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Cyclicality and the Labor Market for Economists

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  • Craig A. Gallet

    (Department of Economics, California State University at Sacramento)

  • John A. List

    (AREC and Department of Agriculture and Resource Economics, University of Maryland; NBER and RFF)

  • Peter F. Orazem

    ()
    (University of Kansas and Department of Economics, Iowa State University)

Abstract

The 1987 academic market was strong, whereas the 1997 market was weak. A multimarket theory of optimal search suggests that job seekers will respond to a weakening market by changing their search strategies at the extensive margin (which markets to enter) and the intensive margin (how many applications to submit per market). Employers respond to the weakening market by raising their hiring standards. High-quality applicants will obtain an increased share of academic interviews in weak markets while applicants from weaker schools will increasingly secure interviews outside of the academic market. Empirical results show that in the bust market, graduates of elite schools shifted their search strategies to include weaker academic institutions, while graduates of lower-ranked schools shifted their applications away from academia and toward the business sector. In bust conditions, academic institutions increasingly concentrate their interviews on elite school graduates, women, and U.S. residents.

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Bibliographic Info

Article provided by Southern Economic Association in its journal Southern Economic Journal.

Volume (Year): 72 (2005)
Issue (Month): 2 (October)
Pages: 284–304

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Handle: RePEc:sej:ancoec:v:72:2:y:2005:p:284-304

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References

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  1. John J. Siegfried & Wendy A. Stock, 1999. "The Labor Market for New Ph.D. Economists," Journal of Economic Perspectives, American Economic Association, American Economic Association, vol. 13(3), pages 115-134, Summer.
  2. Larry D. Singell & Joe A. Stone, 1993. "Gender Differences In Ph.D. Economists' Careers," Contemporary Economic Policy, Western Economic Association International, Western Economic Association International, vol. 11(4), pages 95-106, October.
  3. John J. Siegfried, 2010. "Report of the Director: Job Openings for Economists," American Economic Review, American Economic Association, American Economic Association, vol. 100(2), pages 696-98, May.
  4. John A. List, 2000. "Interview Scheduling Strategies of New Ph.D. Economists," The Journal of Economic Education, Taylor & Francis Journals, Taylor & Francis Journals, vol. 31(2), pages 191-201, June.
  5. Carson, Richard & Navarro, Peter, 1988. "A Seller's (and Buyer's) Guide to the Job Market for Beginning Academic Economists," Journal of Economic Perspectives, American Economic Association, American Economic Association, vol. 2(2), pages 137-48, Spring.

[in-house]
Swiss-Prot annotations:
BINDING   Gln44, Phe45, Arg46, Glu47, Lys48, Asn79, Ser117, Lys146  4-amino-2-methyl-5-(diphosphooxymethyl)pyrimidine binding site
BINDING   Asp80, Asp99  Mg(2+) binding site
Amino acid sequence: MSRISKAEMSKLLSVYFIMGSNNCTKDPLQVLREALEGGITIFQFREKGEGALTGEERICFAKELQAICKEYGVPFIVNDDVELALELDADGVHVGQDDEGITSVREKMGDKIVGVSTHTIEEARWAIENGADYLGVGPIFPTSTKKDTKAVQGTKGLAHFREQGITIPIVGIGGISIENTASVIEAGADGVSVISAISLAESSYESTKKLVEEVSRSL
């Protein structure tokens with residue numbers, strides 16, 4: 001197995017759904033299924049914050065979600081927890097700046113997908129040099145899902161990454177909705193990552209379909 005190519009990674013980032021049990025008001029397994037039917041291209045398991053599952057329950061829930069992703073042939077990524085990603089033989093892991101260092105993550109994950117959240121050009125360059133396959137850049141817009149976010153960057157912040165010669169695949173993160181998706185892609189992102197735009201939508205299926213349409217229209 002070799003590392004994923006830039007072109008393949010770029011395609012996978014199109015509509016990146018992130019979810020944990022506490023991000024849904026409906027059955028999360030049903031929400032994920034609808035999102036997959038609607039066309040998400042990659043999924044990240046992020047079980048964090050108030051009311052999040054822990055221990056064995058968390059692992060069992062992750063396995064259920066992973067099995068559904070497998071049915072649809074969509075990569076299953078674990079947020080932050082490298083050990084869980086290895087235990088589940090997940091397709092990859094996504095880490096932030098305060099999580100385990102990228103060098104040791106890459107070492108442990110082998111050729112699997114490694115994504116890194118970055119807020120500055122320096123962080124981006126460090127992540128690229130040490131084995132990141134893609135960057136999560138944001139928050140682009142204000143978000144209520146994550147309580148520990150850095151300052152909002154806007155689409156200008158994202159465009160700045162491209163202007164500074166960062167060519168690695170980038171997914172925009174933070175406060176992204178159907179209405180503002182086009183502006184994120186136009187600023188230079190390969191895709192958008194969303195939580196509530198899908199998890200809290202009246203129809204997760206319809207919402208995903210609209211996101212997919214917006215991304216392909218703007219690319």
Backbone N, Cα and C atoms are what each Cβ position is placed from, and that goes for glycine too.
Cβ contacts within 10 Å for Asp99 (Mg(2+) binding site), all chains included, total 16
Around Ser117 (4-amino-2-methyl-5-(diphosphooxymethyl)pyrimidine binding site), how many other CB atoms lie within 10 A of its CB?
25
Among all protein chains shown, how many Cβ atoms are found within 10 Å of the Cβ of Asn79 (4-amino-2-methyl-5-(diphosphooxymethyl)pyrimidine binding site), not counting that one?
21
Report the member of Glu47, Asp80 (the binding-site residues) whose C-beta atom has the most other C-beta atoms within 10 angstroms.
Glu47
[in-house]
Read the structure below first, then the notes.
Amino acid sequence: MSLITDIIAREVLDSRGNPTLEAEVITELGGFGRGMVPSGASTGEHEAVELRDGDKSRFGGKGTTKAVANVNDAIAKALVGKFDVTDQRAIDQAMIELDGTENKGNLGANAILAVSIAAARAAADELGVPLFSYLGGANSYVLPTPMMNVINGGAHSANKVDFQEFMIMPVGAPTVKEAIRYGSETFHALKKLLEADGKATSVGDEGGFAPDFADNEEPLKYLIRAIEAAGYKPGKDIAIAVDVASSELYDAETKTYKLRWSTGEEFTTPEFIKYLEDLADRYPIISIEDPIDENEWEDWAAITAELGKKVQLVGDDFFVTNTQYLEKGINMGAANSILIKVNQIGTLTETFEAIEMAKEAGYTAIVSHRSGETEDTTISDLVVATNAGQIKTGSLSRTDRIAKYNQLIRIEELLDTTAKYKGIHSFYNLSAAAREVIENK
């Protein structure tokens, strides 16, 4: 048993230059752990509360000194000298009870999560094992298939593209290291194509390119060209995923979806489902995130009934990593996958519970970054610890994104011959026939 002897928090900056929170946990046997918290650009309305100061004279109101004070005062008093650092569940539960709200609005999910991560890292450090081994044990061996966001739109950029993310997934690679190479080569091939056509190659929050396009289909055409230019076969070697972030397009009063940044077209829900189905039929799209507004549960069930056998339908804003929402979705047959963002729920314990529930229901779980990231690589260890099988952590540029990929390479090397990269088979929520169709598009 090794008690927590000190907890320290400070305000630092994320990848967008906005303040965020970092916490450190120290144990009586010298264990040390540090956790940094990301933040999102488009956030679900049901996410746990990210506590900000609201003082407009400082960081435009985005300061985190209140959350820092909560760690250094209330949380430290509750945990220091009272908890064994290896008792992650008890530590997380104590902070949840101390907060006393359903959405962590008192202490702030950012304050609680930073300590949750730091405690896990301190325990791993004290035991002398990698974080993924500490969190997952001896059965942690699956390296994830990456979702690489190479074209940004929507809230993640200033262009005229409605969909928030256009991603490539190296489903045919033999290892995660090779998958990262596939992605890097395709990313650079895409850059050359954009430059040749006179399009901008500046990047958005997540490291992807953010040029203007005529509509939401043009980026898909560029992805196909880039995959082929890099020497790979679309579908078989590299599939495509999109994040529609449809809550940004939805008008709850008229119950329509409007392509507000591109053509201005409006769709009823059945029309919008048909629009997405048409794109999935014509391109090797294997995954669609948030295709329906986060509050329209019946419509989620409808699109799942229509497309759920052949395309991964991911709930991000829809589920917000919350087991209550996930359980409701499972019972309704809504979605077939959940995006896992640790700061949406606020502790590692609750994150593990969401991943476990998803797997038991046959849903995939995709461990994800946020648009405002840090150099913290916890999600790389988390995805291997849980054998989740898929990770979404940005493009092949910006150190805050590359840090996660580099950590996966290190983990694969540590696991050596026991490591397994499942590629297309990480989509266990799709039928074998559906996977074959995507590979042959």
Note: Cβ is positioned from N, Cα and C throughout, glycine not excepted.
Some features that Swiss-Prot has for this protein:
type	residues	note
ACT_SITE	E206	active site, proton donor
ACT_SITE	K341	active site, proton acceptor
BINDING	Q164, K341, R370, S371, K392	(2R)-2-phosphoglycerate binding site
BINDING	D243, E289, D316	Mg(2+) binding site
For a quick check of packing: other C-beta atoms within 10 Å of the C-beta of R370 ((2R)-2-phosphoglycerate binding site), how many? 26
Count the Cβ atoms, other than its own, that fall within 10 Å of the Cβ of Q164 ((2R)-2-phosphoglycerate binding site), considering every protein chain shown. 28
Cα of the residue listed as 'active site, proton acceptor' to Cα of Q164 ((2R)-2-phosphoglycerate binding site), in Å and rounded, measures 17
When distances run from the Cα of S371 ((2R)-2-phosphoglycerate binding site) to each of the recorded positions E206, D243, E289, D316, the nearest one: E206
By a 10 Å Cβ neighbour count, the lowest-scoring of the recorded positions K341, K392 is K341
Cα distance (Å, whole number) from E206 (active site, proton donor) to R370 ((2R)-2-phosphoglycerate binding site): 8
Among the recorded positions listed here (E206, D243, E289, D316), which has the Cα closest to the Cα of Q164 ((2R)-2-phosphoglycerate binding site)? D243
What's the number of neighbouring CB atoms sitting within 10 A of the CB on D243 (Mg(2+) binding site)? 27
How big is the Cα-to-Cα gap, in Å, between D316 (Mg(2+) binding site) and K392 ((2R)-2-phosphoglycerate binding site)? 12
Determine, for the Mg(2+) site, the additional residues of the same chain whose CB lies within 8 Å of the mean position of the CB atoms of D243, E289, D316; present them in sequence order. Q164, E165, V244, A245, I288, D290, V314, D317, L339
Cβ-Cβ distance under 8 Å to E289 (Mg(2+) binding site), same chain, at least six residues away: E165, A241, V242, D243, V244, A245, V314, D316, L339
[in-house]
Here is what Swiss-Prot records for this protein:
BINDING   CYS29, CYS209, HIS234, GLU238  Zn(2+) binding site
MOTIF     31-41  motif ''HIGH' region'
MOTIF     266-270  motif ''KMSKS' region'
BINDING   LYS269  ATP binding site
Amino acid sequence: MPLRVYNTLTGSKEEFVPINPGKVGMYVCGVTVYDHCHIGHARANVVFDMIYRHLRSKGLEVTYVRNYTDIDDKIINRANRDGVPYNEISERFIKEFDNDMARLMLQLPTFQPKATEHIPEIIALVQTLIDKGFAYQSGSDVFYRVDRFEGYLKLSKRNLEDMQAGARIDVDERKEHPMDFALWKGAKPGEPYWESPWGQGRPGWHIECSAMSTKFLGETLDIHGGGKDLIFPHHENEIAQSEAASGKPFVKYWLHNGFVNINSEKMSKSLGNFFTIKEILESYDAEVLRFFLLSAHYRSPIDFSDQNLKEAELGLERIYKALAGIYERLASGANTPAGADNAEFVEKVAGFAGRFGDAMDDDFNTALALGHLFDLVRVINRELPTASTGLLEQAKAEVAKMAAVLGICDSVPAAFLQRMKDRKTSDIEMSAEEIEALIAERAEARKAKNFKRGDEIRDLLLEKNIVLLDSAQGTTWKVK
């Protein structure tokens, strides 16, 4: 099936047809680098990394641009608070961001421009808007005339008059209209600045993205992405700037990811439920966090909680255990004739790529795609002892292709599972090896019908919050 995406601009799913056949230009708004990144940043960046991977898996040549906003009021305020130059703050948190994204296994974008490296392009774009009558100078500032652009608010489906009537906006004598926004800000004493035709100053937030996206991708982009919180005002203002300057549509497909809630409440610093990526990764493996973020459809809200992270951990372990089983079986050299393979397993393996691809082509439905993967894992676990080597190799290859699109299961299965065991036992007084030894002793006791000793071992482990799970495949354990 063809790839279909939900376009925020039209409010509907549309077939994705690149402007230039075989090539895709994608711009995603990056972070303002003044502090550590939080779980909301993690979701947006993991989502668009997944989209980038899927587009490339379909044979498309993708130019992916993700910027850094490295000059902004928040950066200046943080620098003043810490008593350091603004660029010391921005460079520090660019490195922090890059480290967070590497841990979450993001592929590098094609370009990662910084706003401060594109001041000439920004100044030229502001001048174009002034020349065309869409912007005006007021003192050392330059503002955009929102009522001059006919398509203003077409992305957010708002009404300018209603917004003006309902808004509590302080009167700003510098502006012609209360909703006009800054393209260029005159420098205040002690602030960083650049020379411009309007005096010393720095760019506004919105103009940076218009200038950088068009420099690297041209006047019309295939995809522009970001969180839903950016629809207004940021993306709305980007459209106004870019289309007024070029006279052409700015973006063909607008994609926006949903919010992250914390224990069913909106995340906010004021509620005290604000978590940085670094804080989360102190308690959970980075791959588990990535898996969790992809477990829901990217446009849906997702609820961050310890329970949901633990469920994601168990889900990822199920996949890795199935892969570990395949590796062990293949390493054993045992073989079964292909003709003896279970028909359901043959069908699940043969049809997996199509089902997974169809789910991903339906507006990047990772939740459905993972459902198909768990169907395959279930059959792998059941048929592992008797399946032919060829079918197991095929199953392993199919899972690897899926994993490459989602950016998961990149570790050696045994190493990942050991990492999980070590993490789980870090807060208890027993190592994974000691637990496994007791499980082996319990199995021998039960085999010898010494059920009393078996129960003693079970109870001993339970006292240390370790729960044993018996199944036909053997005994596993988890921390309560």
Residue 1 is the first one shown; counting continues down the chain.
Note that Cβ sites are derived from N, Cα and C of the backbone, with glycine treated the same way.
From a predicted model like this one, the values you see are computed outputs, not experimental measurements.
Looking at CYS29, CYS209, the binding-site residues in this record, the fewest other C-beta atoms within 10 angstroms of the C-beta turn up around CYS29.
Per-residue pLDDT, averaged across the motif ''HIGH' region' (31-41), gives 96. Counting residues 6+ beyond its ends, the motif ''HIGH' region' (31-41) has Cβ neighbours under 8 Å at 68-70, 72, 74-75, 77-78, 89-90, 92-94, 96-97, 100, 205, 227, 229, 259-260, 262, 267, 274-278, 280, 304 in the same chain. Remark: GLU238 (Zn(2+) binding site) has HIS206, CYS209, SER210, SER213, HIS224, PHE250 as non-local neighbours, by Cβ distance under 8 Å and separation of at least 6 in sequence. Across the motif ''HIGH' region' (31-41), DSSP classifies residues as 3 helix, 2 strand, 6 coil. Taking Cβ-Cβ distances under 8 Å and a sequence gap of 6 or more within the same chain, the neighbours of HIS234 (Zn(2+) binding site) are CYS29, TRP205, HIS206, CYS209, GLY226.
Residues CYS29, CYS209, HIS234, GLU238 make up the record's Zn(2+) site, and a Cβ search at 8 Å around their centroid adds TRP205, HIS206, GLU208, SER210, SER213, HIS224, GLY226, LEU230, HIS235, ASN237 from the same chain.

6. Shulamit B. Kahn, 1995. "Women in the Economics Profession," Journal of Economic Perspectives, American Economic Association, American Economic Association, vol. 9(4), pages 193-206, Fall.
  7. John Cawley, 2001. "A Guide (and Advice) for Economists on the U. S. Junior Academic Job Market," Labor and Demography, EconWPA 0109001, EconWPA, revised 27 Sep 2001.
  8. Fallick, Bruce Chelimsky, 1992. "Job Security and Job Search in More Than One Labor Market," Economic Inquiry, Western Economic Association International, Western Economic Association International, vol. 30(4), pages 742-45, October.
  9. Formby, John P & Gunther, William D & Sakano, Ryoichi, 1993. "Entry Level Salaries of Academic Economists: Does Gender or Age Matter?," Economic Inquiry, Western Economic Association International, Western Economic Association International, vol. 31(1), pages 128-38, January.
  10. Broder, Ivy E, 1993. "Professional Achievements and Gender Differences among Academic Economists," Economic Inquiry, Western Economic Association International, Western Economic Association International, vol. 31(1), pages 116-27, January.
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Cited by:
  1. Jihui Chen & Qihong Liu & Sherrilyn Billger, 2013. "Where Do New Ph.D. Economists Go? Recent Evidence from Initial Labor Market," Journal of Labor Research, Springer, Springer, vol. 34(3), pages 312-338, September.
  2. Boehm, Michael J. & Watzinger, Martin, 2010. "The Allocation of Talent: Evidence from the Market of Economists," MPRA Paper 27463, University Library of Munich, Germany.
  3. Boehm, Michael J. & Watzinger, Martin, 2010. "The Selection of Skills into Sectors: Evidence from the Market for Economists," MPRA Paper 23315, University Library of Munich, Germany.
  4. Price, Gregory N., 2009. "The problem of the 21st century: Economics faculty and the color line," Journal of Behavioral and Experimental Economics (formerly The Journal of Socio-Economics), Elsevier, Elsevier, vol. 38(2), pages 331-343, March.

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